We use tested sires that yield low birth weights and good heifer growth. These types of bulls are referred to as curve benders.

Frame size

Because the cowherd is kept mainly on natural red grass grazing (4000ha red grass with 1 200 Smutsfinger divided into 228 camps) the cows cannot be too big. Cows that are too small are culled, because they usually show too little growth to produce a profitable weaner calf for the feedlot, which is what a commercial livestock farmer wants – a proper heavy weaner calf for the feedlot!

Consequently we listen to the needs of our bull buyers, who are mostly commercial breeders who want to breed heavy weaner calves exhibiting good growth and feed conversion. In our area the ideal cow that produces and reproduces best, is one that weighs 520kg (see graph below).

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Breeding values

Emphasis is also placed on the relation between growth and milk breeding values – a ratio of 3,5:1 on wean direct to wean maternal. We find that these are the cows with enough milk, enough meat and good constitution that easily come in calf again and wean calves of 250kg (a 48 to 50% weaning ratio).


Growth and Feed Conversion

In herd bulls the emphasis is on feed conversion ratio (FCR) and growth, with calves that aren’t too heavy at birth.

Notwithstanding the cost of the weaner calf, feed expenses make up the biggest portion of a feedlot’s costs. FCR, therefore, is an extremely important trait when it comes to the profitability of a feedlot and is becoming more important due to the ever-increasing cost of feed. Besides reproduction, FCR has the highest correlation with profit.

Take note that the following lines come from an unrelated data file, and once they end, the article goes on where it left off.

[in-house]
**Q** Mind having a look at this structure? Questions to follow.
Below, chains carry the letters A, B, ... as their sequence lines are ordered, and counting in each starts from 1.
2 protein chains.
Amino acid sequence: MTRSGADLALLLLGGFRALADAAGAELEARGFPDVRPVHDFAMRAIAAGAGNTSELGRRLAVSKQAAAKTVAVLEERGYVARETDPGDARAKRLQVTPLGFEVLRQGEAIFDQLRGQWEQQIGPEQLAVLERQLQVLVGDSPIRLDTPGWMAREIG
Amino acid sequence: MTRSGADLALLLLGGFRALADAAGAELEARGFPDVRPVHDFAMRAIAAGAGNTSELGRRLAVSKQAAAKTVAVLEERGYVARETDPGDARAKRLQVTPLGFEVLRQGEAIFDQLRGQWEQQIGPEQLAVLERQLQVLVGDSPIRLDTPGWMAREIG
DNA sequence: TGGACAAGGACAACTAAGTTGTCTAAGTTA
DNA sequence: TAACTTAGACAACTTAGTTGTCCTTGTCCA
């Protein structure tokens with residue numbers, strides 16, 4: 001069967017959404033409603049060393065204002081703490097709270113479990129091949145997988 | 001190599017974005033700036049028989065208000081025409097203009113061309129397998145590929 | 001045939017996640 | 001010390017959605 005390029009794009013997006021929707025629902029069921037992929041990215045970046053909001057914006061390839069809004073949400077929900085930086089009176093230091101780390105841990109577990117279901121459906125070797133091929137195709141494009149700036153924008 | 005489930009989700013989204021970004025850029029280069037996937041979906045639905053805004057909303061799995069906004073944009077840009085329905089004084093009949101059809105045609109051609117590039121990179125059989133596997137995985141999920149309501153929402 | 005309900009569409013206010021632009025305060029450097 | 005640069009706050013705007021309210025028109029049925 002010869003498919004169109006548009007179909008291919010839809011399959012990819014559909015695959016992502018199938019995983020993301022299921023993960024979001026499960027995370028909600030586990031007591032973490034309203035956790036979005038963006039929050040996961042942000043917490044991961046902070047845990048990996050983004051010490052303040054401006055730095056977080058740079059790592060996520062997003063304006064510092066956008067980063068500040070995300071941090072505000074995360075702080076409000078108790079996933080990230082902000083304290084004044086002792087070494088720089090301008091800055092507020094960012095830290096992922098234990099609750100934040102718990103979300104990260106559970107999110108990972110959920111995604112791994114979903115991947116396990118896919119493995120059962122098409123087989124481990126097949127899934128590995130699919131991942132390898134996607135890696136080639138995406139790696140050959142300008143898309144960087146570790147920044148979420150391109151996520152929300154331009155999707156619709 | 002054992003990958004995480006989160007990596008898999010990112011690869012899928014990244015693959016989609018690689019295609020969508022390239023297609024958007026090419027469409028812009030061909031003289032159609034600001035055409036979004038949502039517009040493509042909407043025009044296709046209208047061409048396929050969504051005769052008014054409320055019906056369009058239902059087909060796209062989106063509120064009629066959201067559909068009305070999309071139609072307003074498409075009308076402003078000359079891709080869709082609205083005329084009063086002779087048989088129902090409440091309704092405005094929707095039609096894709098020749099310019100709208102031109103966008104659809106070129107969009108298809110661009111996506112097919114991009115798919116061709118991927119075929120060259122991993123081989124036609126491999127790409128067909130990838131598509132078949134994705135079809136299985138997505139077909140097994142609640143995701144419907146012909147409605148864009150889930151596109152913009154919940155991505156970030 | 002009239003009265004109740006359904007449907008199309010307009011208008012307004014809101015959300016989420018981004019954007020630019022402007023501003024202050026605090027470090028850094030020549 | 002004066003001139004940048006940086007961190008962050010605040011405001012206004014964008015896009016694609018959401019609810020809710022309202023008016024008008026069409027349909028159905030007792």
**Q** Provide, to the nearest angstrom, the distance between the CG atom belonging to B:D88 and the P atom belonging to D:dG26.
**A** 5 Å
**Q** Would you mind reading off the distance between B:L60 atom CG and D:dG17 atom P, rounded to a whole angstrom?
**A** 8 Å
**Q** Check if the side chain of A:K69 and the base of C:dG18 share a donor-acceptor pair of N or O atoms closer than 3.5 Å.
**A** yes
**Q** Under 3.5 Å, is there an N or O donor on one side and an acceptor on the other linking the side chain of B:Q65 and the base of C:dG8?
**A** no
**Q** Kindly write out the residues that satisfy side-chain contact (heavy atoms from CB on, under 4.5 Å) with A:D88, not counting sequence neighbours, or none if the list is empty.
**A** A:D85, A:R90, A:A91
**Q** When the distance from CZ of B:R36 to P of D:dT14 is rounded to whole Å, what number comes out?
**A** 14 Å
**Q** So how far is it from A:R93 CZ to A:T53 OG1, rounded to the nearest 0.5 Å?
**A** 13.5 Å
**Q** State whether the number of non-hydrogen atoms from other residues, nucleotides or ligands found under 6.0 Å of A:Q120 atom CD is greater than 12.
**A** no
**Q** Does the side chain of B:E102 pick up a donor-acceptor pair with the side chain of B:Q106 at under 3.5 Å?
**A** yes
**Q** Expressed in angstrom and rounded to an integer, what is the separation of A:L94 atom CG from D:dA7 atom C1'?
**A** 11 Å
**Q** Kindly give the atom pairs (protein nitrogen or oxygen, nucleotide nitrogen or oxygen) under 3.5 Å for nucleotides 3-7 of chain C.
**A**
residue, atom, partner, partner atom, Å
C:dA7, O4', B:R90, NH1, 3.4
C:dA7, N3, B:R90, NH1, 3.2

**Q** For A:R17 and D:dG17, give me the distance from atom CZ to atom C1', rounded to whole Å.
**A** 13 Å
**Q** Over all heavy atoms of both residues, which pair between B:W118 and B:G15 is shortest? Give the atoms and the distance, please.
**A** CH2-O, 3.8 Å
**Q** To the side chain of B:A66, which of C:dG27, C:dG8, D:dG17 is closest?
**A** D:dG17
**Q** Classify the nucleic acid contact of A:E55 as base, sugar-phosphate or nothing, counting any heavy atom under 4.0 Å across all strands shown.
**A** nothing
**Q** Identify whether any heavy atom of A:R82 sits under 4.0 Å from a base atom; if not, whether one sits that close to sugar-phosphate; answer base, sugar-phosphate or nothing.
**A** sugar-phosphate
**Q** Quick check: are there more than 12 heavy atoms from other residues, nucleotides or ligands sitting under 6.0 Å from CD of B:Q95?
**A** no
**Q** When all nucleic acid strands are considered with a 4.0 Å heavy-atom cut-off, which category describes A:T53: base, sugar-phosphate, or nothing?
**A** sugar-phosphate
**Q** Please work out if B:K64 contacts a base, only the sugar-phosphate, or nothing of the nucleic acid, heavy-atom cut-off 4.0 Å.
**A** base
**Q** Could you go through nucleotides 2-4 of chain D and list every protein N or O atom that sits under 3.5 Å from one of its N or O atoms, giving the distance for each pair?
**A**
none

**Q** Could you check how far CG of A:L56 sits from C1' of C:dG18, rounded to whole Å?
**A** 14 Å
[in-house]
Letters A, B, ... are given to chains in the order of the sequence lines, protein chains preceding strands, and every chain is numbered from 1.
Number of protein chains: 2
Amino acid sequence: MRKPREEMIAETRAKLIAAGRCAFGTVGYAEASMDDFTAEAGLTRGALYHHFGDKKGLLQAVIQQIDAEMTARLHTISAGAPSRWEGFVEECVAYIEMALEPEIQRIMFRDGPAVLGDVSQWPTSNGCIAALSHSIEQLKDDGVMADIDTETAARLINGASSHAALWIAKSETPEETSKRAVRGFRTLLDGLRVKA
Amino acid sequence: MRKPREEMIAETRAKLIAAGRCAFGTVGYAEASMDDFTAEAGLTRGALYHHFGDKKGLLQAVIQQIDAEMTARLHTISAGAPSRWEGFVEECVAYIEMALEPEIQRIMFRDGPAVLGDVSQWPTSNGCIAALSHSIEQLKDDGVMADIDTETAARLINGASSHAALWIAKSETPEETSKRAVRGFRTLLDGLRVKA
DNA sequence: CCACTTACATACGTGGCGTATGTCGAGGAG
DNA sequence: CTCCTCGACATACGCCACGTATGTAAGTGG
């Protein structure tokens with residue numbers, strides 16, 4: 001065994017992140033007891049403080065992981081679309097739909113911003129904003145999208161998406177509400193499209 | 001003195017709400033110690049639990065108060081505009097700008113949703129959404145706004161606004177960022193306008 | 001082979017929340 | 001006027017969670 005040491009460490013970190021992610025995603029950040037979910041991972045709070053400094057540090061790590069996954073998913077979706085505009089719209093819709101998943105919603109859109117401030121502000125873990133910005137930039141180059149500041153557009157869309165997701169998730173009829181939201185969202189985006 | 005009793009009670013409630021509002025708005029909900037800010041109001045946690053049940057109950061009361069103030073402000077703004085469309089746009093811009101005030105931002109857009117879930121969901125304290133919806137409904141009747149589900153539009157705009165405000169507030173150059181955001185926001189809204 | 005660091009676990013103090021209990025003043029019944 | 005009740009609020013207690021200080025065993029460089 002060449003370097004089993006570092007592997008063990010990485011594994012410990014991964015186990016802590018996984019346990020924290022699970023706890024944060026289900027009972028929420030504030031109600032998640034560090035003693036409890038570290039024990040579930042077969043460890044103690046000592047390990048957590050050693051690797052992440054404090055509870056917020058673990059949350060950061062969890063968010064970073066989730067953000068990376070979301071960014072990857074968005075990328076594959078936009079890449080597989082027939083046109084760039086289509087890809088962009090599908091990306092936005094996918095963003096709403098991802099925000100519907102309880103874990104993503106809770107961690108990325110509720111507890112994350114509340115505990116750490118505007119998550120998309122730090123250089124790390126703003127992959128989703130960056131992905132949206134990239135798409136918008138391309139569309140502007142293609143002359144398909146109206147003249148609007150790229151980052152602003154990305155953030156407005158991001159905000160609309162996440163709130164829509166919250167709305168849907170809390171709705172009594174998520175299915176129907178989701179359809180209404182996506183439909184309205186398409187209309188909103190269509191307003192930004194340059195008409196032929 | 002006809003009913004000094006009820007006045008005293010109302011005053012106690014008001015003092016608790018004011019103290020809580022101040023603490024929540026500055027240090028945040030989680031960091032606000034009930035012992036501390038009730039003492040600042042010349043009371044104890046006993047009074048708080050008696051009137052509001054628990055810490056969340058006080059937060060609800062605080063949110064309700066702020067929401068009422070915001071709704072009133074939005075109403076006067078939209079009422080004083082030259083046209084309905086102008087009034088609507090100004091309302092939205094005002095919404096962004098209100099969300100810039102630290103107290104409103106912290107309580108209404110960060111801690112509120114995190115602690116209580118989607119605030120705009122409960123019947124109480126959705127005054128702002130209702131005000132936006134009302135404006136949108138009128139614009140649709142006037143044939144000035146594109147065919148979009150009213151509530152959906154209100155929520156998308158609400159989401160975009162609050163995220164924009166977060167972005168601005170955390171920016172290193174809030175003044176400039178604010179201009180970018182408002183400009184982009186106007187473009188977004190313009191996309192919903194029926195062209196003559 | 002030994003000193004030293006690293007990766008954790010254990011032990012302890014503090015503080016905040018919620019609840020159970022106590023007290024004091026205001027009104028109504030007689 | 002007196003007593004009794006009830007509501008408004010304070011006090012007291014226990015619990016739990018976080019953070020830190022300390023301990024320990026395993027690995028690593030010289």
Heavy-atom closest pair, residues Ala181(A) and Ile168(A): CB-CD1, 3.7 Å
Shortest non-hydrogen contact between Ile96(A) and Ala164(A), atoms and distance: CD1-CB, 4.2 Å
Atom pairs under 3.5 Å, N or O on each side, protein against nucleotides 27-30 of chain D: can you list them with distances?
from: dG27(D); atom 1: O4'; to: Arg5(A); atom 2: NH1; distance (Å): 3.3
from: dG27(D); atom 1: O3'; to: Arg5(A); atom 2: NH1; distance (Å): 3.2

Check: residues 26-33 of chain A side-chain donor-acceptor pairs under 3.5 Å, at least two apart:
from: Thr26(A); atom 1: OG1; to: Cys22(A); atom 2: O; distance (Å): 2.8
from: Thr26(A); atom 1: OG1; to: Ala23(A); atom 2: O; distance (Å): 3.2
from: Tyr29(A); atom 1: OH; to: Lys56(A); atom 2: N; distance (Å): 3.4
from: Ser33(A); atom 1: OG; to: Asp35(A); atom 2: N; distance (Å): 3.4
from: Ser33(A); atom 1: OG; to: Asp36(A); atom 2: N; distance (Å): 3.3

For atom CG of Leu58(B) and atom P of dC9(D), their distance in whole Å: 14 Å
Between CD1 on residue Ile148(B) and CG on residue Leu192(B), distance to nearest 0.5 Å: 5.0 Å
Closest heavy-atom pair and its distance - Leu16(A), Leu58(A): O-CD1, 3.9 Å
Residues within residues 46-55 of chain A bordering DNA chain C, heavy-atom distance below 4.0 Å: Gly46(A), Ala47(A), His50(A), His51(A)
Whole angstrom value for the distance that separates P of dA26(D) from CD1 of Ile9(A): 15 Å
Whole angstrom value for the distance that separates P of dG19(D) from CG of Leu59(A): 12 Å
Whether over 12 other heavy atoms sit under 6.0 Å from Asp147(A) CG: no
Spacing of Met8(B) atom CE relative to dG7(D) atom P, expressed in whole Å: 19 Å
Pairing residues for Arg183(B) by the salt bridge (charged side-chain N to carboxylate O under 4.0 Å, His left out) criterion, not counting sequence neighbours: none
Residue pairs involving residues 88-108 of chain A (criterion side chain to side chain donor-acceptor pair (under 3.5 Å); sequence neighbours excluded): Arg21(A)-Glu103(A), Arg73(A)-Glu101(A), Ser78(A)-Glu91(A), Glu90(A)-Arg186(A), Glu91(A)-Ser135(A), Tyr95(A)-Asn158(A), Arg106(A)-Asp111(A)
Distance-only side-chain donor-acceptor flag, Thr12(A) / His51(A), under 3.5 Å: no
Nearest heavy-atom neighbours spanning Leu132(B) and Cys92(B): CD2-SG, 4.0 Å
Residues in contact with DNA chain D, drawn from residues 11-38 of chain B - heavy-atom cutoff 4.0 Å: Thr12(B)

From an economic viewpoint selection for FCR is three to six times more important than selecting for growth (ADG). Selection for FCR does not have a negative effect, such as higher birth weight and end weight that can impair reproduction due to higher maintenance, as with selection for ADG, for example. There is also a positive correlation between FCR and body length, which in turn correlates positively with dressing percentage.

Our Phase C bull testing station allowed us, over a period of 24 years, to select bulls with outstanding growth and feed conversion.

Consequently, we can meet the needs of our buyers. Since 1990 we have tested more than 9 000 bulls, which included more than 3 000 of our own bulls. In this period the FCR of our bulls improved by 1,2kg feed per kilogram weight gain, while the ADG improved by 200g per day. At the same time shoulder height dropped and length improved. At current feed and beef prices the difference is R1 300 per animal in the feedlot!


Other factors

Apart from that, we breed medium-framed animals that are cosmetically beautiful with a focus on hooves, walking ability, head, width, muscling and balance.